With less than two weeks remaining until the general election on Nov. 3, Binghamton University held a virtual student town hall with U.S. Rep. Anthony Brindisi (D-NY).
The event, held on Oct. 20, was hosted by the BU College Democrats, Generation Vote, Students for Brindisi and the BU Young Democratic Socialists of America. Brindisi, the incumbent, is running against Republican former U.S. Rep. Claudia Tenney, whom he unseated during the 2018 midterm elections. The town hall was held via Zoom, and Brindisi answered questions asked by students as the discussion focused on current issues facing America.
Brindisi explained the importance of having town hall meetings with students.
“[Tuesday’s] event [was] a great opportunity to talk with BU students about the issues that matter to them,” Brindisi said. “I’ve held town halls and meetings with students across the district in order to hear directly from them about issues they care about. Every issue is a student issue, but I often hear about crippling student debt, fears about our climate changing and an overall dissatisfaction with politics as usual in [Washington, D.C.].”
Brindisi related his efforts to these student issues and stressed the importance of voting.
“Whether it is working to bring down student debt, bringing jobs to our region or fighting to get money out of politics, I’ve worked hard on behalf of all students,” Brindisi wrote. “I want BU students to know I am fighting for them. Most importantly though, I want BU students to get out and vote. Each election our future is on the ballot, and young people can play a critical role in making it a brighter one.”
Throughout the town hall, Brindisi was asked questions on a range of topics, including supporting progressive policies, such as Medicare For All and free college, and his plan for supporting the BU student community.
In response to a question about how he is able to engage in civil dialogue among his colleagues, regardless of a political party, Brindisi emphasized the importance of working within a two-party system.
“I believe as an elected official, we have to try and unite people, not divide people,” Brindisi said. “We have a two-party system that I don’t think is going to go away, and I think we have to work together to move the country forward.”
Brindisi went on to explain how if he is reelected, he will continue to represent the people of his district, regardless of who they voted for.
“I don’t care if people voted for me or against me,” Brindisi said. “I’m going to work just as hard for you. I think we need that kind of attitude for all our elected officials.”
Jacques Rodenbach, president of the BU College Democrats and a senior majoring in accounting, agreed with Brindisi’s notion that college students are a crucial demographic to this year’s election.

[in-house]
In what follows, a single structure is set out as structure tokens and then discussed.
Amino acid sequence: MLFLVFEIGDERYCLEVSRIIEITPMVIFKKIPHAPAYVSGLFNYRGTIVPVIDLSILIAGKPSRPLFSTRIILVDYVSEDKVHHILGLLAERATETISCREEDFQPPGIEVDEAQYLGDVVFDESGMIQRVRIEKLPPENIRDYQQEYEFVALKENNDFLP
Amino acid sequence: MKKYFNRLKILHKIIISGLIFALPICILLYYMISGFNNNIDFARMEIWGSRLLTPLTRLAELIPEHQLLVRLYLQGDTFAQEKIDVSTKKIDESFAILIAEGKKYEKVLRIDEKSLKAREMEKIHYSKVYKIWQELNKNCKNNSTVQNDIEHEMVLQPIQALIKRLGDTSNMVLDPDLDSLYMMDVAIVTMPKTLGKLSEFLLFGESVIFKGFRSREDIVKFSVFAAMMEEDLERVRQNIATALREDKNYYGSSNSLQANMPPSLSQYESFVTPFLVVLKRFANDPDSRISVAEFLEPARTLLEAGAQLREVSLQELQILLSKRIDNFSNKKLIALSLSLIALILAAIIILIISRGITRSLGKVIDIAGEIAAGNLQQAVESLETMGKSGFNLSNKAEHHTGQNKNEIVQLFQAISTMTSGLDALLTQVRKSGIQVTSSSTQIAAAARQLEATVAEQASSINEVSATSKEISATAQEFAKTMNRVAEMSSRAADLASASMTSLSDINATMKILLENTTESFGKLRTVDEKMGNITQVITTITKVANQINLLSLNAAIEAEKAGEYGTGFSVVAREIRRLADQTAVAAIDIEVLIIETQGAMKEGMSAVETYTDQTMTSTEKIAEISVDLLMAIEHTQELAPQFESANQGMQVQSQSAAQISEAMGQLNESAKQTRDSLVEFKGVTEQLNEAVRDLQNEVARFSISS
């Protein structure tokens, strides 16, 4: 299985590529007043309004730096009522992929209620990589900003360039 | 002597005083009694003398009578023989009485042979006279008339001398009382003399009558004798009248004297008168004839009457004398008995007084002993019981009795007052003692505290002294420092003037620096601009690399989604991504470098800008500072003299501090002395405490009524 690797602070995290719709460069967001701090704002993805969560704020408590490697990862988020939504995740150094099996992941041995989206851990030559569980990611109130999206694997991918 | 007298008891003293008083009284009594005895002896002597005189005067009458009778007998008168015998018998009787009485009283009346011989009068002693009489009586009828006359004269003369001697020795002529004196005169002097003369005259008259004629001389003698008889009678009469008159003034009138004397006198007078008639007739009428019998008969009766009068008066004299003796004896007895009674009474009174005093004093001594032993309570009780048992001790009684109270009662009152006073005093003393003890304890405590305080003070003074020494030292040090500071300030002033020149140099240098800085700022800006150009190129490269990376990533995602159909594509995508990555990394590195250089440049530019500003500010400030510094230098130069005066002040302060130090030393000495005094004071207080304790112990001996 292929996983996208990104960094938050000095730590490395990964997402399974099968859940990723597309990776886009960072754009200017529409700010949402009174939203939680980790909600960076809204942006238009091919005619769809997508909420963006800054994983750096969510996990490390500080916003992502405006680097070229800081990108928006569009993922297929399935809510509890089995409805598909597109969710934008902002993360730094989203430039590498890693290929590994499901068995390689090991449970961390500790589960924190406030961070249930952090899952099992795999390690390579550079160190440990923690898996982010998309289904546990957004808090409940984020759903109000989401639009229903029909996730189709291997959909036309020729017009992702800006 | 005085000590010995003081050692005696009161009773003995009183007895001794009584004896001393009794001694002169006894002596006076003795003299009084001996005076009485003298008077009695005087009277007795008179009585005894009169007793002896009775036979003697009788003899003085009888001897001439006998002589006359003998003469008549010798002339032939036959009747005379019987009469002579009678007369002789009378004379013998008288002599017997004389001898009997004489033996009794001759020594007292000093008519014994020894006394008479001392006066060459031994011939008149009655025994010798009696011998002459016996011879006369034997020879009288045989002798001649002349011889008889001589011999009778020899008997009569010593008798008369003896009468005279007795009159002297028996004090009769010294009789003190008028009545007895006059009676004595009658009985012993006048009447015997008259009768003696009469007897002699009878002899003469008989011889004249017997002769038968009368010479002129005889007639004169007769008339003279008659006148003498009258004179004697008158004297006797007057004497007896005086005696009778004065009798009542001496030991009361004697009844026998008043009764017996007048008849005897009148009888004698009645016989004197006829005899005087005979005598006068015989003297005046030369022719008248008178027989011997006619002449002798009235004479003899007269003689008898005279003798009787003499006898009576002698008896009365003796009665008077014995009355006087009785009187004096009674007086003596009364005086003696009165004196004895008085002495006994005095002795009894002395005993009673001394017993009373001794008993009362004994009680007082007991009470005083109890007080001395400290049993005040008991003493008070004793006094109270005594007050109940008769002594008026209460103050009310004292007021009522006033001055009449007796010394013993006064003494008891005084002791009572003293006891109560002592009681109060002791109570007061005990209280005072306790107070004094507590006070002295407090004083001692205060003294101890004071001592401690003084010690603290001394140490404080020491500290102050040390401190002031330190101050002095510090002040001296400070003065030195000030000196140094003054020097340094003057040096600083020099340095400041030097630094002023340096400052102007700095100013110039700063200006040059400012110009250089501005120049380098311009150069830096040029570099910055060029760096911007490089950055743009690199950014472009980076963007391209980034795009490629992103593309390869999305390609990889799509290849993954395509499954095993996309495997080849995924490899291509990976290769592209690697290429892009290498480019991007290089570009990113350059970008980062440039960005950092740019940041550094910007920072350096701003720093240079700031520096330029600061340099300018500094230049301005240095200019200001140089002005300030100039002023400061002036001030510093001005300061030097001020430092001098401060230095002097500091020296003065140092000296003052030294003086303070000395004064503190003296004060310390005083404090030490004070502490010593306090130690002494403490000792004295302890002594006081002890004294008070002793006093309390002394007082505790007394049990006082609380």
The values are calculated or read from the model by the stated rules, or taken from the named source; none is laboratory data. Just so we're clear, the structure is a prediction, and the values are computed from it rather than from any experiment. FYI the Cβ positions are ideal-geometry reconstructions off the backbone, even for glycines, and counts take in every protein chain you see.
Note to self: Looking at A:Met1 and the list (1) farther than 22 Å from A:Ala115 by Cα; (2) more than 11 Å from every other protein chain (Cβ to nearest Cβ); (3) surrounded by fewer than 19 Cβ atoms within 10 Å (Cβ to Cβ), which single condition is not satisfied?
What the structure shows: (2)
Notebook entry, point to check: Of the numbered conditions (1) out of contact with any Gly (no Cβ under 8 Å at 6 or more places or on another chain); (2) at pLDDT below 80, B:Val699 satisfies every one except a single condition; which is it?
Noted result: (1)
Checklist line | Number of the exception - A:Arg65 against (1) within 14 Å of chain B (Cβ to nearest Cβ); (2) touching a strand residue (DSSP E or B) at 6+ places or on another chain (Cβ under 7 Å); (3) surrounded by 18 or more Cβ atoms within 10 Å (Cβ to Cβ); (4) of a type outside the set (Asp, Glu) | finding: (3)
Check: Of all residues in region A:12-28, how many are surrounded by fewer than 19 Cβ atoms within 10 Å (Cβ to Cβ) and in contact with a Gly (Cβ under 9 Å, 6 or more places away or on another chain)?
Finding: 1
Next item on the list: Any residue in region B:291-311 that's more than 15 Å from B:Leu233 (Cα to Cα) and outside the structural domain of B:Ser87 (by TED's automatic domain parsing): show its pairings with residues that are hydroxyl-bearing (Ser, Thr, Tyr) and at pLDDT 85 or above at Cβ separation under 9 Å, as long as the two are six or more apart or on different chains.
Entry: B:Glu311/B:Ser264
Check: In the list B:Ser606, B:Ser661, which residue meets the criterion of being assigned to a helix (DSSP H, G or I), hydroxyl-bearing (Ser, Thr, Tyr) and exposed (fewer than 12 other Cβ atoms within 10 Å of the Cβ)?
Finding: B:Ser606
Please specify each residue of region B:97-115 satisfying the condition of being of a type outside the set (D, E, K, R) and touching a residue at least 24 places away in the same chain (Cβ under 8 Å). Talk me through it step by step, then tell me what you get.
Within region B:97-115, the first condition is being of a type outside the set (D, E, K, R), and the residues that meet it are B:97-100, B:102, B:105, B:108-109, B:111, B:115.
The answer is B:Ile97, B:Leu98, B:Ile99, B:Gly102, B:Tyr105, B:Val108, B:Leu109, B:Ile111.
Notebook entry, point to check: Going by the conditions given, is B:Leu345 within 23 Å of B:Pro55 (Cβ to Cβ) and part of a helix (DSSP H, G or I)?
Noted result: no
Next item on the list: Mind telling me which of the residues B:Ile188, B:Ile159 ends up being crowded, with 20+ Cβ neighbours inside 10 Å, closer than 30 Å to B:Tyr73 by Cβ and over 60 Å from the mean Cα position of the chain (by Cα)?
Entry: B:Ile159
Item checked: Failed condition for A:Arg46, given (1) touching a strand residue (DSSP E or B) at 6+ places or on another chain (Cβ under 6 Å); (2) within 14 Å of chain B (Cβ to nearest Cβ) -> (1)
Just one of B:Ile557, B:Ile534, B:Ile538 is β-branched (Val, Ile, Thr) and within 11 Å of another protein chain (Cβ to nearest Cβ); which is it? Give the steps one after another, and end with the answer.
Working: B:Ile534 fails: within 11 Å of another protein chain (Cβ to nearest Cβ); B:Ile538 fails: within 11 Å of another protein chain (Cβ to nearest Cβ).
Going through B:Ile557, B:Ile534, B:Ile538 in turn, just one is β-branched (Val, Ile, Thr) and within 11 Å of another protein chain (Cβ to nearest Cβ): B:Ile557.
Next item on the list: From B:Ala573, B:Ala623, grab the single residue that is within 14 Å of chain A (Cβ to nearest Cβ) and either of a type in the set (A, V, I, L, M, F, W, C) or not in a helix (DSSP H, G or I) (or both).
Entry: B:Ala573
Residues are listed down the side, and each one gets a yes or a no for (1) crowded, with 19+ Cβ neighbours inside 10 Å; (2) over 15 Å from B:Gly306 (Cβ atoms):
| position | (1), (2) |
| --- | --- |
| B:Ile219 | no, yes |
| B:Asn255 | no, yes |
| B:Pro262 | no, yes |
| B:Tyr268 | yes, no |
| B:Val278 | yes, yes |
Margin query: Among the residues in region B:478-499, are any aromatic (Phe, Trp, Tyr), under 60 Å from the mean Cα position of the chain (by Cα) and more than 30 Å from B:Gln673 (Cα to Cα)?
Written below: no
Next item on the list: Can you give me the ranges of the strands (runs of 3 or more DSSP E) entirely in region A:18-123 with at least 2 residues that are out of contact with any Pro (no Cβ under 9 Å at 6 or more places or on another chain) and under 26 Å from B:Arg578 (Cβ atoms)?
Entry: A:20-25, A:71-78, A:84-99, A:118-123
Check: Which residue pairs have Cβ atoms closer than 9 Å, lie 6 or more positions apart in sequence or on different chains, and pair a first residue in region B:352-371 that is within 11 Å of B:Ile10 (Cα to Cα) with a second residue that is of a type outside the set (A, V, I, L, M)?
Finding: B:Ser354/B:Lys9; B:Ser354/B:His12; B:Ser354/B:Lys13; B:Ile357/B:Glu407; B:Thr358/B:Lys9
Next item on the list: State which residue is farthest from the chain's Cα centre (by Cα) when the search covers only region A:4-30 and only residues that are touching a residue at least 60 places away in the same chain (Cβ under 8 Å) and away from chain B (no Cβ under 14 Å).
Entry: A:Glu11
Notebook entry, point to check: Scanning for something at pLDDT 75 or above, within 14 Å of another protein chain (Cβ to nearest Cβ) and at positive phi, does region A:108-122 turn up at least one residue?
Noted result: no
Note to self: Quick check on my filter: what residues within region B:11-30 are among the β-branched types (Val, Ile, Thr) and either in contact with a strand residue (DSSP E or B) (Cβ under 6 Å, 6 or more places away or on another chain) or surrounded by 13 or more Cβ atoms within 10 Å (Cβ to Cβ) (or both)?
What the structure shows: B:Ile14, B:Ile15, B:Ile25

“University students are such an important voting bloc, so I am very grateful that Congressman Brindisi took his time to talk with us and answer our questions,” Rodenbach wrote. “Congressman Brindisi showed that he truly cares about the needs and concerns of [BU] students, and I’m glad that our student body and the greater Binghamton area is represented by such a caring and compassionate member of Congress.”
Reagan Ingalls, social media coordinator for Students for Brindisi and a junior double-majoring in psychology and political science, said it was important to acknowledge the way Brindisi was able to respond to students’ questions while still effectively delivering a clear message to the audience.
“One of the big takeaways I have from this event is how [Brindisi] is able to effectively mediate polarizing topics, especially in a district as polarized and diverse as this one,” Ingalls wrote. “I saw that in the way he talked about Black Lives Matter and law enforcement and how he is able to support both. It is important to me that he can stand up for people by attending peaceful protests and supporting the community.”
Rochelle Cohen, a senior majoring in mathematics, appreciated the time Brindisi had taken to speak to college students in his district.
“Many of us are registered voters in [NY-22], and I love that Congressman Brindisi recognized that and took the time to hear concerns of the [BU] community and discuss the issues on the forefront of students’ minds,” Cohen said.
Cole Parker, a sophomore majoring in political science, was referred to the town hall by a friend. Parker had never attended one nor had he ever spoken to a member of Congress, but he said he enjoyed his first time at the event.
“I asked about the differences in representing a ‘swing district’ and the opportunities it could present in terms of legislating along moral lines versus party,” Parker said. “[Brindisi] replied by saying he definitely loves to follow his gut and pointed to his record as reflective of his ideals. Overall, I enjoyed the conversation that took place and definitely thought it was productive in terms of having our voices heard as students.”